BERMAN: Next for us, the breaking news on a deal that could prevent another government shutdown mess.

Also, President Obama's deeply personal tribute to Nelson Mandela. And, later, his handshake at the ceremony with Cuban President Raul Castro -- there it is -- it's setting off a storm back home, but can you really compare this, as John McCain did, to shaking hands with Hitler? Stay with us.


BERMAN: Big news, breaking news, if you like Washington actually getting something done, welcome comes if you were prefer Democrats and Republicans compromising, rather than fighting, potentially good news if you believe that all those forced across-the-board budget cuts known as the sequester are choking the economy, not so good news, though, if you're one of an army of Americans looking for work who will be losing jobless benefits soon, also not good news if you wanted to see some entitlement cuts.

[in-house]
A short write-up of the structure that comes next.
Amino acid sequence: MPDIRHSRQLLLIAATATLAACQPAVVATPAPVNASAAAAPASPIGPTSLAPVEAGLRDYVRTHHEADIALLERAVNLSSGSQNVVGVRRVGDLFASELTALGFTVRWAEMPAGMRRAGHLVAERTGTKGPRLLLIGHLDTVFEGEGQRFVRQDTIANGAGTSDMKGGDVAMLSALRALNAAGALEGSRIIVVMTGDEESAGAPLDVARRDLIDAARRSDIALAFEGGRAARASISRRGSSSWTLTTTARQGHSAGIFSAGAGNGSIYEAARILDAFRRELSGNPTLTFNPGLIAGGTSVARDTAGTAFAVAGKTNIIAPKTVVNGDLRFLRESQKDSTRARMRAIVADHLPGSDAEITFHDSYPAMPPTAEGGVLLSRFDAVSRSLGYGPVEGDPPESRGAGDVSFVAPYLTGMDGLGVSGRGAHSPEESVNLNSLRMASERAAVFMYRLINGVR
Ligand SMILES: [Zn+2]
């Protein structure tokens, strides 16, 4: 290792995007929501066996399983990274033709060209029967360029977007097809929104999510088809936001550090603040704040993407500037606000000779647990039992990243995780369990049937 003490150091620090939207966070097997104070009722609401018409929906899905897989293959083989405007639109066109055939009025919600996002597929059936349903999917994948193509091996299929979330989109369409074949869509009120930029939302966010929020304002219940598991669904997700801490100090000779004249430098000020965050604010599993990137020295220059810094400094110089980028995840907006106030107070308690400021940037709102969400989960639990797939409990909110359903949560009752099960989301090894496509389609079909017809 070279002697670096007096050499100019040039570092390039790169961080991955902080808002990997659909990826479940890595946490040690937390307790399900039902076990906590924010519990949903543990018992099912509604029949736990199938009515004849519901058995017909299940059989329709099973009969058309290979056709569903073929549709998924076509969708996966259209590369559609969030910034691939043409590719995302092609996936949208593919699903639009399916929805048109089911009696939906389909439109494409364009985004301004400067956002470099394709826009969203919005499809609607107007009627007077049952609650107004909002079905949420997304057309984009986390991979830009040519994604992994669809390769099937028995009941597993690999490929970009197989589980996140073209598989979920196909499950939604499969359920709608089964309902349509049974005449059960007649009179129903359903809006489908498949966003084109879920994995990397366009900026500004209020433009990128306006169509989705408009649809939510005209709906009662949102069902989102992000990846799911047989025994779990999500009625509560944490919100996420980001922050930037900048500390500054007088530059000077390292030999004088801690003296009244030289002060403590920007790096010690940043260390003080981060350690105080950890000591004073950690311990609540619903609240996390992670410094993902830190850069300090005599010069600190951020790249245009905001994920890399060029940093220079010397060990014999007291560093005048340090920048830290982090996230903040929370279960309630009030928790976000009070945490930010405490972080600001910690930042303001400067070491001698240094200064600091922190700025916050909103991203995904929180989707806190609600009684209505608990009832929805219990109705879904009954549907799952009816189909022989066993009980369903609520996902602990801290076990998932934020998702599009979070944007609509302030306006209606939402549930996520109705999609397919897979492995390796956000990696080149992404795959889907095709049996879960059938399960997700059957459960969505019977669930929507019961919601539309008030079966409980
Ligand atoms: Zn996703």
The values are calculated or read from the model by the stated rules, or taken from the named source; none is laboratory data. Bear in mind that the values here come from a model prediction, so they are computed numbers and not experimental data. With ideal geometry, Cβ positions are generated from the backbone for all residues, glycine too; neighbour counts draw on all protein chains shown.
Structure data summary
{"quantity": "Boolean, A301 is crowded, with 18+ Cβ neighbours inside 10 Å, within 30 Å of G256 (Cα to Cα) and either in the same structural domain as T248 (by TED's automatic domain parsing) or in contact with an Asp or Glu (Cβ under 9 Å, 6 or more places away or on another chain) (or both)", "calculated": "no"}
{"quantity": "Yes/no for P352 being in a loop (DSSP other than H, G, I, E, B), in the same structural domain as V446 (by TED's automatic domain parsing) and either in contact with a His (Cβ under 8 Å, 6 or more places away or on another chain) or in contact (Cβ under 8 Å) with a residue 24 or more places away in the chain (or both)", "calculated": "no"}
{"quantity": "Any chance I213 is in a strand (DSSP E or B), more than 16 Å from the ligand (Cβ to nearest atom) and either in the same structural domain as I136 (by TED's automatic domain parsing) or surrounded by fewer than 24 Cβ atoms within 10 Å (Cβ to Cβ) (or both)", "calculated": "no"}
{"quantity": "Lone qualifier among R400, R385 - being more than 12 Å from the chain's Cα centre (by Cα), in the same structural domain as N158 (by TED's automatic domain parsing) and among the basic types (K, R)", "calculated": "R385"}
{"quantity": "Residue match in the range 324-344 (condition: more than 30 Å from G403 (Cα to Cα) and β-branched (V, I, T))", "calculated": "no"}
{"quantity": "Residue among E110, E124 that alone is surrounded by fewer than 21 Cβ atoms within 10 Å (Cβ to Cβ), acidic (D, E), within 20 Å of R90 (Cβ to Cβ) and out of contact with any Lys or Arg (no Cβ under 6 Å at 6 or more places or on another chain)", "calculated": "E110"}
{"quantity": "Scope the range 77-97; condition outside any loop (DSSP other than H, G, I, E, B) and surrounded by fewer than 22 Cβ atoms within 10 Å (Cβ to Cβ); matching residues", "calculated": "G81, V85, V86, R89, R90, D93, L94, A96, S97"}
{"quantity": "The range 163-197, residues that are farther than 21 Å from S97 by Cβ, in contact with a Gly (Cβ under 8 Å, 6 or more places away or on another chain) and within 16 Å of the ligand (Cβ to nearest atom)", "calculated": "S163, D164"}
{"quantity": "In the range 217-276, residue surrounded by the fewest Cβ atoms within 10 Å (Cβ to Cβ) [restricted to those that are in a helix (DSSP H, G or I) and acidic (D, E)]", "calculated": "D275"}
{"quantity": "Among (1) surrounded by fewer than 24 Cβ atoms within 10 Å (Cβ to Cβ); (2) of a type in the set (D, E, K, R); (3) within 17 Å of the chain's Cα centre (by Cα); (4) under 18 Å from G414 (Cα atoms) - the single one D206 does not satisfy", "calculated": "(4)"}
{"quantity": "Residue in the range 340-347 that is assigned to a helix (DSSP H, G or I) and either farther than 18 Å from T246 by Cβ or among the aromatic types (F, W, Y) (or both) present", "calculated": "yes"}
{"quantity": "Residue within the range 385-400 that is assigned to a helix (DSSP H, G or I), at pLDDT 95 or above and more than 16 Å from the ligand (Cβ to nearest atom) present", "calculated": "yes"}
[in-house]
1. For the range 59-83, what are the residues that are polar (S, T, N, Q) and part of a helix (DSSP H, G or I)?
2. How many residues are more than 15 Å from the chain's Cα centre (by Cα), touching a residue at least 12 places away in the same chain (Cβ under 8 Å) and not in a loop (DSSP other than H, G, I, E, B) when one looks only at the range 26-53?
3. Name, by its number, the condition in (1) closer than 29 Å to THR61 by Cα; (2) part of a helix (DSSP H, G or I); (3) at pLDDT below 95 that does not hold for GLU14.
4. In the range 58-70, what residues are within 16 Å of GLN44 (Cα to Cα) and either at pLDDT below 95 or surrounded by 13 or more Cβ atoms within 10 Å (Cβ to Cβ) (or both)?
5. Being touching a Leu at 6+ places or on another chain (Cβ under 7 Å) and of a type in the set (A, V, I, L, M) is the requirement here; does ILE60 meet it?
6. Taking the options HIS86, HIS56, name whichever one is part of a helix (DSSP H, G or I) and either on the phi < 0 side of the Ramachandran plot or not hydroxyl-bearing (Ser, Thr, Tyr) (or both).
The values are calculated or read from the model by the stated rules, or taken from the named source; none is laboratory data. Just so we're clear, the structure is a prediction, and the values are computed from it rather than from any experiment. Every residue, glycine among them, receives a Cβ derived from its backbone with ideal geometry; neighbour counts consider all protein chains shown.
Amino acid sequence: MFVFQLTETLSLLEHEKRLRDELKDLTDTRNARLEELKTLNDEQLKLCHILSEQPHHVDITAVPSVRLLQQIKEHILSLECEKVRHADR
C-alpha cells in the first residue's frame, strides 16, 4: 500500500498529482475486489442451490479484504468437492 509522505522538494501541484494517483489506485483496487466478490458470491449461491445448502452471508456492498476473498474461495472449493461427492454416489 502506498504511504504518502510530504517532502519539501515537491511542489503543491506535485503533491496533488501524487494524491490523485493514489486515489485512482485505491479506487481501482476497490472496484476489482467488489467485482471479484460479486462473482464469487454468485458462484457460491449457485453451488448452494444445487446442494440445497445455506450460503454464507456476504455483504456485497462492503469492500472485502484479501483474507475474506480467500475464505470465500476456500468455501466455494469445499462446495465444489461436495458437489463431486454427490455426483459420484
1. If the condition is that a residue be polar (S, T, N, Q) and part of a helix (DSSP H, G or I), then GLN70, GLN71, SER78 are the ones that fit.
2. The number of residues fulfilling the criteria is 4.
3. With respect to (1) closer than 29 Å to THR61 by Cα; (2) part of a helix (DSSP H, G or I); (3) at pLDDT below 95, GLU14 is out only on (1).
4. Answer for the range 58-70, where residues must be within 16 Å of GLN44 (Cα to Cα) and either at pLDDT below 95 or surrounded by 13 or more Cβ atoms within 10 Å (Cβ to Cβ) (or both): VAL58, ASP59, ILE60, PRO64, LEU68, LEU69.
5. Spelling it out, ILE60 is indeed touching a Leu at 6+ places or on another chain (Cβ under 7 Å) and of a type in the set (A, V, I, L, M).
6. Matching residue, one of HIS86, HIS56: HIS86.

But there has been a bipartisan budget deal hammered out by GOP Congressman Paul Ryan and Democratic Senator Patty Murray. It touches on all the above.

Dana Bash joins us now with what is in it and how it came about.

And I suppose the big question whether it stands a snowball's chance of actually becoming law.

Dana, tell us, what is in this deal?

DANA BASH, CNN CHIEF CONGRESSIONAL CORRESPONDENT: Well, it is modest, but it is a start, as you said.

Any time we're talking about compromise in Washington is a breath of fresh air, frankly, especially somebody who covers Congress and is not used to using that C-word, compromise, very often. It is two years, and it sets the budget levels for two years.

And what it does is, it takes away some of those arbitrary or forced spending cuts and replaces them with different cuts. That is something that pleases some conservatives, for example, those who don't want arbitrary defense cuts, and some liberals who don't want arbitrary cuts to social spending programs.

But then on the flip side, it makes some conservatives who want deficit reduction and want those forced cut caps in place unhappy, and some liberals also unhappy because they don't like the fact, as you alluded to, John, that unemployment benefits are not extended as part of this package.